The Model 104 was developed into over a dozen similar AN System teleprinters and teletypewriters with both system and component designations. The first models were the TT-298/UG RO teleprinter and the TT-299/UG KSR teletypewriter, introduced in 1960. Both of these machines were components of the AN/UGC-12 Teletypewriter Set, a fixed installation which also included a TT-187/UG signal distributor and a TT-192/UG paper tape reperforator. The AN/UGC-41 Teletypewriter Set pictured here is a standalone KSR teletypewriter introduced in 1966, equipped with a TT-532/UG Keyboard-Transmitter and a CY-6063/UG Non-Tactical Case. Other MITE machines include the AN/TGC-14, AN/TGC-15, AN/TGC-29, AN/UGC-38, AN/UGC-40, TT-264/AG, TT-297/UG, TT-318/UG, TT-394/UG and TT-395/UG. All of these machines share the same mechanism and basic form factor, differing only in secondary features.

The MITE teleprinter is almost entirely mechanical in operation, encoding and decoding 5-bit Baudot code via a magnetic selector which converts data into mechanical functions, actuating an elaborate arrangement of clutches, cams and linkages. The unusual MITE print head is an eight-sided, 64-character cylinder with two directions of motion, derived from a typewriter print mechanism invented by James Dundas White in 1903. In White's design, a cylindrical print head with rows and columns of characters rotates around a vertical axis to select a column, while moving up and down along its axis to select a row. A hammer then strikes the selected character from the opposite side of the paper. Although functionally similar to White's mechanism, the MITE print cylinder is oriented along a horizontal axis and has a vertical plane of rotation. As the print hammer advances incrementally to each successive character position, the print cylinder moves independently along a parallel rail, rotating to select the correct character row while advancing to one of eight column positions relative to the hammer. Three bits select the print cylinder's column position, while two bits select among four of the print cylinder's eight rows. As five bits is only sufficient to generate 32 different characters, a pulley carriage selects between two master row positions 180 degrees apart, determined by whether the machine is set to the Letters or Figures condition. The MITE mechanism is capable of operating at 60, 66, 75 or 100 words per minute, with a 72- or 76-character line. At 60 words per minute, the data throughput rate is 110ms per character, or 22ms per bit.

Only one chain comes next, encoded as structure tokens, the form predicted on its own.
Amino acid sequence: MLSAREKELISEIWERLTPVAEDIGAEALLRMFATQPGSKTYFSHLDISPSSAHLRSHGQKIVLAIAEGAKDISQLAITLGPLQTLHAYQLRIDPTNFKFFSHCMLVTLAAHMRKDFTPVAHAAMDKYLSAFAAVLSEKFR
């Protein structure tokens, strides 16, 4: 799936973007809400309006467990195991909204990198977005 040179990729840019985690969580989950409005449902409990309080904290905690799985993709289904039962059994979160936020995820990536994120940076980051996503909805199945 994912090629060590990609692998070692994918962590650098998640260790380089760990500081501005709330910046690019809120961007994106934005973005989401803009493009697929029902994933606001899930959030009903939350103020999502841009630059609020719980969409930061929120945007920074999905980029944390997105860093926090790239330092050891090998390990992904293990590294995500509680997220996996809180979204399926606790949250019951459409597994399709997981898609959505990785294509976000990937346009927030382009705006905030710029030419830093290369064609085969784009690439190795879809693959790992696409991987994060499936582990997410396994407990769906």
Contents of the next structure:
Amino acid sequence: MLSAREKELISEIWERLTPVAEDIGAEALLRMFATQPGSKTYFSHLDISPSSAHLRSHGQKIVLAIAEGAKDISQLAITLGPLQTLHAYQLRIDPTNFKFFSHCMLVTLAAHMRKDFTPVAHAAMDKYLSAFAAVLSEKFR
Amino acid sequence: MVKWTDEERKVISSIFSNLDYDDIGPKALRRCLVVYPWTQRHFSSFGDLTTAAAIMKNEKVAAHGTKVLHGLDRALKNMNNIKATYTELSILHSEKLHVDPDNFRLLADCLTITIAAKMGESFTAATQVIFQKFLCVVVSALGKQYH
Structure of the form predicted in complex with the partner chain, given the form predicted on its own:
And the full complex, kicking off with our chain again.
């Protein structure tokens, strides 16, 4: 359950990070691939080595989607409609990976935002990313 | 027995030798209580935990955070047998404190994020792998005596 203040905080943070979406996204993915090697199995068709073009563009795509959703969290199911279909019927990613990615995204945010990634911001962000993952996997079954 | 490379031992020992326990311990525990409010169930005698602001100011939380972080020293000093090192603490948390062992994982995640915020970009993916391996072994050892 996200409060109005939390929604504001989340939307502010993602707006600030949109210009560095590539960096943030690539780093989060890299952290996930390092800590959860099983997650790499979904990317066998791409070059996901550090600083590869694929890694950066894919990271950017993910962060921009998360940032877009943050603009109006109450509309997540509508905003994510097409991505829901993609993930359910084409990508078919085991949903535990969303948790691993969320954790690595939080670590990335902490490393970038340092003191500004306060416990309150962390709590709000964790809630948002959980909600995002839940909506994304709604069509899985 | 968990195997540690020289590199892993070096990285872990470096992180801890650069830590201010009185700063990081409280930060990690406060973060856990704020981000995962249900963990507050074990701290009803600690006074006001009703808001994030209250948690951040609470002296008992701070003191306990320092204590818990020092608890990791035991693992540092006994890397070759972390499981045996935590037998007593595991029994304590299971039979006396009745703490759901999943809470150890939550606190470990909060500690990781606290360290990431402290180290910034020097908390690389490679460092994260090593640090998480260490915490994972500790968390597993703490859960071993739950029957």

Technical Manual for Teleprinter Sets AN/UGC-38 & AN/UGC-40 & Teletyepwriter Set AN/UGC-41 (PDF)

MITE AN/UGC-41 Teletypewriter Set.

AN/UGC-41 teletypewriter removed from case.

AN/UGC-41 64-character print cylinder.

AN/UGC-41 teletypewriter, printer mainshaft clutch and cam assembly.

AN/UGC-41 teletypewriter, print cylinder horizontal drive pulley and range dial.

AN/UGC-41 teletypewriter, magnetic selector adjustment bank.

AN/UGC-41 teletypewriter, electronic module.

This article is part of the [Digital Computer Equipment] exhibit.